Today's coins of interest are from Probus, a soldier emperor, who rose up from the ranks and served four emperors before being proclaimed emperor by his troops. I will not try to recount the life of Probus. I will share this glowing summary from the author of Historia Augusta:
"It would be a lengthy task, were I to enumerate all the exploits of so great a man, which he performed as a commoner under Valerian, under Gallienus, under Aurelian, and under Claudius, how many times he scaled a wall, tore down a rampart, slew the enemy in a hand-to‑hand fight, won the gifts of emperors, and by his valour restored the commonwealth to its ancient condition." -Historia Augusta, Life of Probus, 6.1
For a more sober summary see De Imperatoribus Romanis. Probus reigned for bout 8 years from about August of 276 - Sept/Oct of 282. Florian was killed by his own troops in favor of Probus. Probus lived about 50 years from AD 232 until Sept/Oct AD 282 when he, in turn, was killed by his troops in favor of Carus. This period of soldier emperors between the last Severan, Severus Alexander in AD 235, and Diocletian in AD 284, had 15 emperors with most of them gaining power with the execution or murder of their predecessor as shown in this table.
I've added the coloring and list of emperors to this table from : FP Retief & L Cilliers, “Causes of death among the Caesars (27 BC-AD 476)”, Acta Theologica , Vol. 26 No. 2 (2006): Supplementum 7. Claudius II died of illness, most likely the Plague of Cyprian, a pandemic that afflicted the Roman empire from AD 249 to 262. Carus, according to tradition, died after a battle in Mesopotamia in which he was struck by lightning, although he too may have died of illness or been killed by his colleagues.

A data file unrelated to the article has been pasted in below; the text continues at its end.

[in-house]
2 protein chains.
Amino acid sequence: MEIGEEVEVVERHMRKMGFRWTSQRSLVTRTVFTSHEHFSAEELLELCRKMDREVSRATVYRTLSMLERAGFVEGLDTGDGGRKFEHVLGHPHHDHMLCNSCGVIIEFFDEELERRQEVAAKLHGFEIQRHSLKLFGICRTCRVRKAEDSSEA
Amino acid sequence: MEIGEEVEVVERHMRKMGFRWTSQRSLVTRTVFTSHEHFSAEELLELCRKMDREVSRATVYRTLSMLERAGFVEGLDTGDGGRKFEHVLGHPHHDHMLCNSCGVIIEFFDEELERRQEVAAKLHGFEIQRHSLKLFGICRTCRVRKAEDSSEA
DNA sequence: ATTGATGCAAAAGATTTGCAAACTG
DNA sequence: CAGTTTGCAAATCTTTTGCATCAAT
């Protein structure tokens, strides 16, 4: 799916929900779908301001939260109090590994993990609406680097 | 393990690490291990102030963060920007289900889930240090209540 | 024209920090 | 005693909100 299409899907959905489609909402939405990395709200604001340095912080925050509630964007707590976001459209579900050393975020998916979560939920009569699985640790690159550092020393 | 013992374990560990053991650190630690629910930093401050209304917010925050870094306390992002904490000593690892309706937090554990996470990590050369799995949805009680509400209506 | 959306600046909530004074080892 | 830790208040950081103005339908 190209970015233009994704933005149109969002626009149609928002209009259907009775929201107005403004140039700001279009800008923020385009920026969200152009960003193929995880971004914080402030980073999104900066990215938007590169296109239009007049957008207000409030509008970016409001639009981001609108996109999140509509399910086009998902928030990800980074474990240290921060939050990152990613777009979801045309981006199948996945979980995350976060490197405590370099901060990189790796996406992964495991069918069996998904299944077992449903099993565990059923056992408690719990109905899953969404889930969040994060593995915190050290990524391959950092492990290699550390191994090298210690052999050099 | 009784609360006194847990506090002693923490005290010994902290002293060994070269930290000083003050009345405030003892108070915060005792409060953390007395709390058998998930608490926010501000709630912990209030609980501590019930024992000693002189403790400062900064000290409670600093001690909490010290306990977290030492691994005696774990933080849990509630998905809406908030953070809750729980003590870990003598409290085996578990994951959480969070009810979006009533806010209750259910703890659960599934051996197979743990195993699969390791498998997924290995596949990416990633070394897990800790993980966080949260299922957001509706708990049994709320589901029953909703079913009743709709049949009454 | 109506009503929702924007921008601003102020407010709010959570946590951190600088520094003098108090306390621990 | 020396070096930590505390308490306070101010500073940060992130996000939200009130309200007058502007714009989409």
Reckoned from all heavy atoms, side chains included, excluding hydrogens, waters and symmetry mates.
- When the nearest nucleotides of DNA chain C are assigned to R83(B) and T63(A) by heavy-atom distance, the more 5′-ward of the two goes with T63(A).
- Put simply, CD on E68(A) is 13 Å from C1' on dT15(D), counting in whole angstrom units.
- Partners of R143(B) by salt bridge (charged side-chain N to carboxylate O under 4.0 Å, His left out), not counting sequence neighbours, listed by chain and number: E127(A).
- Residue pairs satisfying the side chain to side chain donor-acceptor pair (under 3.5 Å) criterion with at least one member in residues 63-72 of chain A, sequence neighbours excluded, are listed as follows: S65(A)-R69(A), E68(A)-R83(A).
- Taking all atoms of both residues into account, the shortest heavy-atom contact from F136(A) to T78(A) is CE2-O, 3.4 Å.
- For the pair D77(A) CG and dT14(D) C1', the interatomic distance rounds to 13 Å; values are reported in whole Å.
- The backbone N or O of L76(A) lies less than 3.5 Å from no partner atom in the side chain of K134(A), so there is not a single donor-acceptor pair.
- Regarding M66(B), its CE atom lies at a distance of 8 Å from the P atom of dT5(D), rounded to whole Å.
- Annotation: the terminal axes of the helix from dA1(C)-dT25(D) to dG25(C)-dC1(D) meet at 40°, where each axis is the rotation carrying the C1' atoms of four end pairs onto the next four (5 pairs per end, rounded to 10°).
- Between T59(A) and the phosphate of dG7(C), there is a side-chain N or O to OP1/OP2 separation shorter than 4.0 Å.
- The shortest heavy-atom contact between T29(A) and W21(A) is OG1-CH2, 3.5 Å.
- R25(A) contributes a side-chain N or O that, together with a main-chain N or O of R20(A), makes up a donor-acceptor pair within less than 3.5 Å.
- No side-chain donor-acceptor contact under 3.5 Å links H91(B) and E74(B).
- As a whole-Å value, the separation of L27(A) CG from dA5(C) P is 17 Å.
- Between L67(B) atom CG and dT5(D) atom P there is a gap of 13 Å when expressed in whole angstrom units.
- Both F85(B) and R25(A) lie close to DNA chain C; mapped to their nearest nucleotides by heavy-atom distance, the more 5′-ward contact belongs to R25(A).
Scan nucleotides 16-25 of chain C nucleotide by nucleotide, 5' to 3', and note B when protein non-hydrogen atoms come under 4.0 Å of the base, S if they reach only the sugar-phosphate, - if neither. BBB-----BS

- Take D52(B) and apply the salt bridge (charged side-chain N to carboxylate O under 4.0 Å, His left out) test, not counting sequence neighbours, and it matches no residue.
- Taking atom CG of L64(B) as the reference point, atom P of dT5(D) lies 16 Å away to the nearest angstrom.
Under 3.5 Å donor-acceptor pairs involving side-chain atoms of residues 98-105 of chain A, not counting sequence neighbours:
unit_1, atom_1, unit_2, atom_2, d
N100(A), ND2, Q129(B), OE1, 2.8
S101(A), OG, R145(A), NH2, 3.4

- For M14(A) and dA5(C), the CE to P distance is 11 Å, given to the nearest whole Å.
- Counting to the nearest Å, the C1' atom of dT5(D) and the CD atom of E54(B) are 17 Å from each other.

These are two very similar coins from the second year of Probus' reign from Alexandria Egypt 276/77. What differentiates them is the way the eagle is standing and facing: standing right facing left on the first coin, and standing left facing right on the second coin. I find both coins to be well preserved and usually nice overall: well struck, good style and pleasing patina.
Egypt, Alexandria, Probus, 276-282, Tetradrachm (Silvered bronze, 20 mm, 8.15g, 11 h), RY 2 = 276/7
Obv: Α Κ Μ ΑΥΡ ΠΡΟΒΟC CЄΒ, laureate and cuirassed bust of Probus to right
Rev: L - B (second year of reign), eagle with closed wings standing right, head to left and holding wreath in beak
Ref: Dattari (Savio) 5552
Egypt, Alexandria, Probus, 276-282, Tetradrachm (Silvered bronze, 20 mm, 7.48g, 11 h), RY 2 = 276/7
Obv: Α Κ Μ ΑΥΡ ΠΡΟΒΟC CЄΒ, laureate and cuirassed bust of Probus to right
Rev: L - B (second year of reign), eagle with closed wings standing left, head to right and holding wreath in beak
Ref: Dattari (Savio) 5549